Fearghus Ó Conchúir Choreographer and Dance Artist
June 21, 2021

A space to dance in

A man dressed in black sweats and t shirt holds his body in an s-shape with his right arm raised and obscuring his face while his left hand touches his chest.  He's in the middle of a wooden panelled studio with a black floor and white panelled ceiling.I’ve been cautious about celebrating publicly that fact that I’ve had access to studio space recently.  Aware that I’ve fretted reading social media posts about others working (how are they doing that?  where is that possible?  are they bubbling?), I haven’t wanted to contribute to any one else’s anxiety – especially when my achievements in the studio have been of the most basic kind.  I can’t contemplate any grand schemes of making when I’m not confident that I have a handle on what I’m experiencing, let alone what anyone else is experiencing.  What I feel I have managed to do is be in a studio, thanks to the generosity of Artsadmin as it tests out its new protocols for opening up the Toynbee Studios again.  I’ve experienced again and with great appreciation the pleasure of going out of the house to work in a space that has enough volume to draw out more movement possibilities.  And crucially, a space big enough to allow me to invite some other dance artists to share that space physically.

I have been connecting with Isabella Oberlander with Zoom as she’s worked in the Dance Limerick studio and though mostly I’ve done that from the spare bedroom at home, seeing her in a studio has felt like a valuable reconnection with a generative working environment.  However, connecting with her via Zoom from the Toynbee Studio felt even better, when we could share work spaces – one in London, one in Limerick – where we could both move to communicate ideas rather than my just indicating things to her from the bedroom confinement.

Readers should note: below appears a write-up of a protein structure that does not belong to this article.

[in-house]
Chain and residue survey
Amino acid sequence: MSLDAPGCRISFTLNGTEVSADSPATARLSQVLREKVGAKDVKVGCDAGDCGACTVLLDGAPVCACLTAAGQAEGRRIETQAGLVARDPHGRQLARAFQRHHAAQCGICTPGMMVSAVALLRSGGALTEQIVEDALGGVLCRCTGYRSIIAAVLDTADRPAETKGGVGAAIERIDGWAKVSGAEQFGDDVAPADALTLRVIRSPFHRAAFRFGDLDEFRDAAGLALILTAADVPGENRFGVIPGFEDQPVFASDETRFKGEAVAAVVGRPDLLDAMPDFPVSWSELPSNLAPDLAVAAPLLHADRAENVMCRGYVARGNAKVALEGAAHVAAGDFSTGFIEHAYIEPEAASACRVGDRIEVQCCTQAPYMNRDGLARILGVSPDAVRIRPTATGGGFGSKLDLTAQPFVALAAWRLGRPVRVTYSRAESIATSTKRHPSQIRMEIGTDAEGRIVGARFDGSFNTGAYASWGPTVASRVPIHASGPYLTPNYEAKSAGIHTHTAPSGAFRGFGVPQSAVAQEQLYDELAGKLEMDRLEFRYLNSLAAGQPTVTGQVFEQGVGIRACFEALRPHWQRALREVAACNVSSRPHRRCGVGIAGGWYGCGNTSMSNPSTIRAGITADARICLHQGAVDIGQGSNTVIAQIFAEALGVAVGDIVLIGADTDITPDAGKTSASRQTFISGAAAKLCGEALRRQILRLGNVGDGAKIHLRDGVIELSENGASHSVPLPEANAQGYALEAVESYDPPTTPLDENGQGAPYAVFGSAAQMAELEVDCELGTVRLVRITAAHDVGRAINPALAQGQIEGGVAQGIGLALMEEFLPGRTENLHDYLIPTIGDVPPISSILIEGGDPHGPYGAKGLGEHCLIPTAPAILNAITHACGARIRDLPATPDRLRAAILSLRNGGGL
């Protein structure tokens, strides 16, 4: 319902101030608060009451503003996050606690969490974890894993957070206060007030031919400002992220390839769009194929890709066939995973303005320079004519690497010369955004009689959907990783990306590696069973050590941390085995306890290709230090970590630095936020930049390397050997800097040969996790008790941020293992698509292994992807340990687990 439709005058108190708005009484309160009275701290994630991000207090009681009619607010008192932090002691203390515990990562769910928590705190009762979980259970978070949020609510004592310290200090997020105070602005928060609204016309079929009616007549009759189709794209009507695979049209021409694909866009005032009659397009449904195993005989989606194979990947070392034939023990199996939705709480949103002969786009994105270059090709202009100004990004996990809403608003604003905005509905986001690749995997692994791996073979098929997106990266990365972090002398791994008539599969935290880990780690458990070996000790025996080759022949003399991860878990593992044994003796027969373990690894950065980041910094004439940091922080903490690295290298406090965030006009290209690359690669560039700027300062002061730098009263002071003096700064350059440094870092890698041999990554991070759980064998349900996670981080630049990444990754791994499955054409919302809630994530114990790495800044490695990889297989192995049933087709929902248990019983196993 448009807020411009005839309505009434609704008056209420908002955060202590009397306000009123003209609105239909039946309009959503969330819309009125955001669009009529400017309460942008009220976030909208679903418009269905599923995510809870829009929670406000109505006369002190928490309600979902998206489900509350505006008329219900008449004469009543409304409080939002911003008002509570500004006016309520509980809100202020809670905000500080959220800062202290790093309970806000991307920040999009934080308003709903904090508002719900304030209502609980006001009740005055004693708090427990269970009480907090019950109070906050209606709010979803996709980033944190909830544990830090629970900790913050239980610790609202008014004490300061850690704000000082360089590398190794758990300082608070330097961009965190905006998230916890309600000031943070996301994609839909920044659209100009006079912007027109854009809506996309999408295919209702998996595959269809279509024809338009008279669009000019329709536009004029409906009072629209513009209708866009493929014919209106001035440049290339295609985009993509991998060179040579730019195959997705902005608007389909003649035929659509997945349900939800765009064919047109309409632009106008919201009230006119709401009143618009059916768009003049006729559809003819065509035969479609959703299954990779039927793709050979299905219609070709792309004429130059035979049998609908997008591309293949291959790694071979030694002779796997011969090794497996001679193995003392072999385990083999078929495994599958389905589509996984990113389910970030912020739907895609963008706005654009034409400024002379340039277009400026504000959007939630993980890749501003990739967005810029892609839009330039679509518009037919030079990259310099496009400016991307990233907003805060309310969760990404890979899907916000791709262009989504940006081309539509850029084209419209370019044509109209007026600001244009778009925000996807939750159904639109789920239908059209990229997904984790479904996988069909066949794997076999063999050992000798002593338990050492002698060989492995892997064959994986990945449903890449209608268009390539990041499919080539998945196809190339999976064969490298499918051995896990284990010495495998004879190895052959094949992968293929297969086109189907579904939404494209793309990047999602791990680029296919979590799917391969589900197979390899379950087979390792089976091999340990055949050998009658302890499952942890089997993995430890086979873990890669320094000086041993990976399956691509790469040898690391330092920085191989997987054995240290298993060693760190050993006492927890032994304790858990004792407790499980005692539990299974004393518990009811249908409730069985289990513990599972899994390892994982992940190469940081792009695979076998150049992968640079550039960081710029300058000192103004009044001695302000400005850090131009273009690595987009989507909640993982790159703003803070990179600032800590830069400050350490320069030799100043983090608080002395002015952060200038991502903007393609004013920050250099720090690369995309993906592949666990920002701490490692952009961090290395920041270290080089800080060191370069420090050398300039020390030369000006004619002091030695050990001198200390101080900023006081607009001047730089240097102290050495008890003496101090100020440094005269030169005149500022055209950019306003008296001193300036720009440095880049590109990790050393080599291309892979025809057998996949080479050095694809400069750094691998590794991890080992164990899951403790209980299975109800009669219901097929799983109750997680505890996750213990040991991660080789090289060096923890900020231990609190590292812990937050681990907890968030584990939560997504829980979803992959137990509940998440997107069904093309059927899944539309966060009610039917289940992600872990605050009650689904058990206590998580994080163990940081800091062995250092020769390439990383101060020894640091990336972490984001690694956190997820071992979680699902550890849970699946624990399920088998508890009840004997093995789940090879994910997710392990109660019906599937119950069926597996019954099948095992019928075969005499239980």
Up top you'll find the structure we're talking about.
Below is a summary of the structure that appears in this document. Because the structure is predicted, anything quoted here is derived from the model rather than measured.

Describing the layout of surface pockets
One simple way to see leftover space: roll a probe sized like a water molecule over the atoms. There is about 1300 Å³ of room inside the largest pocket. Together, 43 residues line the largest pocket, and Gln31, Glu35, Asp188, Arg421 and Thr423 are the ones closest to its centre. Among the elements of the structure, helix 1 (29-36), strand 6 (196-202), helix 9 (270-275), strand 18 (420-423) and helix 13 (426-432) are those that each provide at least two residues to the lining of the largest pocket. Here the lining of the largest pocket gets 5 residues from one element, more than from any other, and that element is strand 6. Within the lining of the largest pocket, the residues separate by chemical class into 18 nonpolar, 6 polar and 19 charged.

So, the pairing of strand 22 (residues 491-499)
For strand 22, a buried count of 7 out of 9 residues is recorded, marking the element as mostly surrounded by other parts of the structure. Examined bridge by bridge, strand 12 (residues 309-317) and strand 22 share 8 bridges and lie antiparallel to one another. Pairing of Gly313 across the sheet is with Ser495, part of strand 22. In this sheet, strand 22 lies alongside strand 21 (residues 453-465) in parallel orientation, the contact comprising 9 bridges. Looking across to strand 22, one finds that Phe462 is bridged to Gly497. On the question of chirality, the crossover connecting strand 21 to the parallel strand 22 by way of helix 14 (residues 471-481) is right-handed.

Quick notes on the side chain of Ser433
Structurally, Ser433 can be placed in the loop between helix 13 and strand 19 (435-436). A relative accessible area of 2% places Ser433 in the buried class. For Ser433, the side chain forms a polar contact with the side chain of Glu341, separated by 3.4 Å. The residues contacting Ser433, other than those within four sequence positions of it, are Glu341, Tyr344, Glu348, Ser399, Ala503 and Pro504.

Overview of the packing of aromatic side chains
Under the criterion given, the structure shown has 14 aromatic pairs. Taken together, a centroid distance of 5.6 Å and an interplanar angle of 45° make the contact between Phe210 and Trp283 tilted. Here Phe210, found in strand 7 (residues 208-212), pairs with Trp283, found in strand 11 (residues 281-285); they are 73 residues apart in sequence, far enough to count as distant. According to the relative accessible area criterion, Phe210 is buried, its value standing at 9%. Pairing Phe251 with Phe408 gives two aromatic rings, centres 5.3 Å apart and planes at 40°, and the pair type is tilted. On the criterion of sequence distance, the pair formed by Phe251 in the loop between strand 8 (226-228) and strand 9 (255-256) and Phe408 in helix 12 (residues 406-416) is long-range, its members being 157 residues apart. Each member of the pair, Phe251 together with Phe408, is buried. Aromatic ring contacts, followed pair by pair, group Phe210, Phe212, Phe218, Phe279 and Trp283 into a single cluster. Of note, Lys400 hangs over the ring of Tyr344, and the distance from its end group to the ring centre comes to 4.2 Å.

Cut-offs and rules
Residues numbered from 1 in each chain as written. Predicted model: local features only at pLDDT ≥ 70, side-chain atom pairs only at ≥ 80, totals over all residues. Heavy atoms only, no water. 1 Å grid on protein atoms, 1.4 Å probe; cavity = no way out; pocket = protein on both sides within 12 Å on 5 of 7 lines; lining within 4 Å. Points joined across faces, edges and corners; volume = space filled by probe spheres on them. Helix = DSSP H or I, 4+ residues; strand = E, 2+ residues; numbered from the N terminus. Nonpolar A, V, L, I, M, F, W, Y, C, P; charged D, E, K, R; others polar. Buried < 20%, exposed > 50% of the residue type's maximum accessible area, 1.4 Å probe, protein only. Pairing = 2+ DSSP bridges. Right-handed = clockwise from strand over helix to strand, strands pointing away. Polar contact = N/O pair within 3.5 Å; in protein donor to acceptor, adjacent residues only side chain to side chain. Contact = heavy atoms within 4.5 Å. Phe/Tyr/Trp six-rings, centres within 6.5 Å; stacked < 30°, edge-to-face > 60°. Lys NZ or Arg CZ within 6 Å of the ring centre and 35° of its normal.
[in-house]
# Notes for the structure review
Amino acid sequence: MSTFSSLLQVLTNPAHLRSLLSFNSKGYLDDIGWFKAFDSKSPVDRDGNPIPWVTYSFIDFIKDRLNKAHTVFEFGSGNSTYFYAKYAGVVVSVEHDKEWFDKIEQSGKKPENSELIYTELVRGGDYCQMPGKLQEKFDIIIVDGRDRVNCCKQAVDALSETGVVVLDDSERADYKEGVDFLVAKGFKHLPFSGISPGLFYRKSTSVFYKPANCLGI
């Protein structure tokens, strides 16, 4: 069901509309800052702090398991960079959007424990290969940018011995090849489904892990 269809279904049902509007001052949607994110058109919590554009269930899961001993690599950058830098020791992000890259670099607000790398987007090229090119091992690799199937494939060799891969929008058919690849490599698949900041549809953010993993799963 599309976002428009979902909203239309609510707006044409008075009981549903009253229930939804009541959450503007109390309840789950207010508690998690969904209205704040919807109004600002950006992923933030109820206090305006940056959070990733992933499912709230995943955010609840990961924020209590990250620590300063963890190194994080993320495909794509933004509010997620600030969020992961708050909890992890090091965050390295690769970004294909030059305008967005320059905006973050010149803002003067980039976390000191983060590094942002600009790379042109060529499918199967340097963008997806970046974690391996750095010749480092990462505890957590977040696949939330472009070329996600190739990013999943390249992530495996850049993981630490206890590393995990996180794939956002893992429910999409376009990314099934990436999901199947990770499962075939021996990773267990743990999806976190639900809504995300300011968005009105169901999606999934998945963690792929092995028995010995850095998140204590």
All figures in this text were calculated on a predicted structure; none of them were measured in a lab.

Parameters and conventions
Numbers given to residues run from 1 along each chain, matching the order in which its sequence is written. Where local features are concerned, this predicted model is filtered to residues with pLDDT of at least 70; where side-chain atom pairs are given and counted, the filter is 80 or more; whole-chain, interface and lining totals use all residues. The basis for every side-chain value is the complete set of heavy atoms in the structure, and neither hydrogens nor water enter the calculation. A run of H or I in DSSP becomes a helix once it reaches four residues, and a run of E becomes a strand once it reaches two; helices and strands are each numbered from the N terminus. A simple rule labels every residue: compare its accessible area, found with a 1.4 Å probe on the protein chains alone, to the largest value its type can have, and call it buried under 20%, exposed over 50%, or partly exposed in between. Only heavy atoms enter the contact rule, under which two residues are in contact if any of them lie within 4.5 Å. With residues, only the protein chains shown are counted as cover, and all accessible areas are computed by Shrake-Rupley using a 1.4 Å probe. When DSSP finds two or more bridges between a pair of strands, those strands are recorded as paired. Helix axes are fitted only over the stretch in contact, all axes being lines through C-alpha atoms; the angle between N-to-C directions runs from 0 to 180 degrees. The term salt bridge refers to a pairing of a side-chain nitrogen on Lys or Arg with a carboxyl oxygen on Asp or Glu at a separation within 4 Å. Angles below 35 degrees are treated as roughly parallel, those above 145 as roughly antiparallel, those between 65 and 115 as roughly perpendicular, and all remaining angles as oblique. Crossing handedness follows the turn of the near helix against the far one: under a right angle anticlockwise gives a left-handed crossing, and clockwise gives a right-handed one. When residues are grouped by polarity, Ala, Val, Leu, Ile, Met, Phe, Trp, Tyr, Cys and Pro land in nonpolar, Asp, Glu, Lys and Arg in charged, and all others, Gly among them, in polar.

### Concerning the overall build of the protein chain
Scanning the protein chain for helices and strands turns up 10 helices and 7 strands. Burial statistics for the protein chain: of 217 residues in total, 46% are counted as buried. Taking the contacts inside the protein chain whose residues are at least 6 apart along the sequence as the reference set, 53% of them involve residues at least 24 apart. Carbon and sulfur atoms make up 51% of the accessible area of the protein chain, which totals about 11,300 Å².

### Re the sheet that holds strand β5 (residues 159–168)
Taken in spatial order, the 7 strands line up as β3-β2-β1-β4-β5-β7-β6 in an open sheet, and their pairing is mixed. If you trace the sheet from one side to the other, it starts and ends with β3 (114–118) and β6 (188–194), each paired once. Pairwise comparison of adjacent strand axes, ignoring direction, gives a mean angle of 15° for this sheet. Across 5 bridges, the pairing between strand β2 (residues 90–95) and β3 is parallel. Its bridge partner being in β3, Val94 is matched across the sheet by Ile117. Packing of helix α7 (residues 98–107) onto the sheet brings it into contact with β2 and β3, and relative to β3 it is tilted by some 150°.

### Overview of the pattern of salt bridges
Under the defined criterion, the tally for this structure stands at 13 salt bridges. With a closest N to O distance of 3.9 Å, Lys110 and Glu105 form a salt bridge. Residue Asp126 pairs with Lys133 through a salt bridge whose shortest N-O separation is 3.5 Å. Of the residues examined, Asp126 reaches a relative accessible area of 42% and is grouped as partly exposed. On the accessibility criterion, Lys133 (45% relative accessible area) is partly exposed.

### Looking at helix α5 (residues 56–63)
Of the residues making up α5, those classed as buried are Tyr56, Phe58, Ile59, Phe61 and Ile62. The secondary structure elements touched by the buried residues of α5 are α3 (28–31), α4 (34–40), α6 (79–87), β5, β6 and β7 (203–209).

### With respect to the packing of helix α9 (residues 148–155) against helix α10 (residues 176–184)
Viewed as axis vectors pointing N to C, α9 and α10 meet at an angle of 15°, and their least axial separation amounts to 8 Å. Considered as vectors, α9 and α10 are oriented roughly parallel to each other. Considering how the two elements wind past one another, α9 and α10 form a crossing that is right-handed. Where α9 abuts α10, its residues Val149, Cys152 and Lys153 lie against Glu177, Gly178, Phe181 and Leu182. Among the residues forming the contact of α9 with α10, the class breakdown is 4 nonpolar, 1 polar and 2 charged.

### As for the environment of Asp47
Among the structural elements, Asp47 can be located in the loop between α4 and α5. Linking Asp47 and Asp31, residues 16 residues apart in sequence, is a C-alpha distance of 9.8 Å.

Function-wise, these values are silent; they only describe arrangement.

Equally, I cherished the fact that I could talk with Alexandra Waierstall today from the studio, sharing movement material with her, seeing what she saw via Zoom, knowing that the digital media could extend the very strong connection I have to her beautiful work and that I could feel her supportive attention from experience and from the screen.

But what was particularly thrilling and emotional for me today was getting to dance with another dance artist in the same space.  Though I’m still making my own way through the processing of our current experience, I know that doing that work with and alongside others is not only enriching but essential.  So the generosity of Toynbee allows me to share space with others.  Today Rob Bridger and I maintained prescribed social distance in the studio, and yet found connection across the space in gentle lines of energy that felt so nourishing.

Three dancers in a wood panelled studio with a black floor.  They make angular shapes with this bodies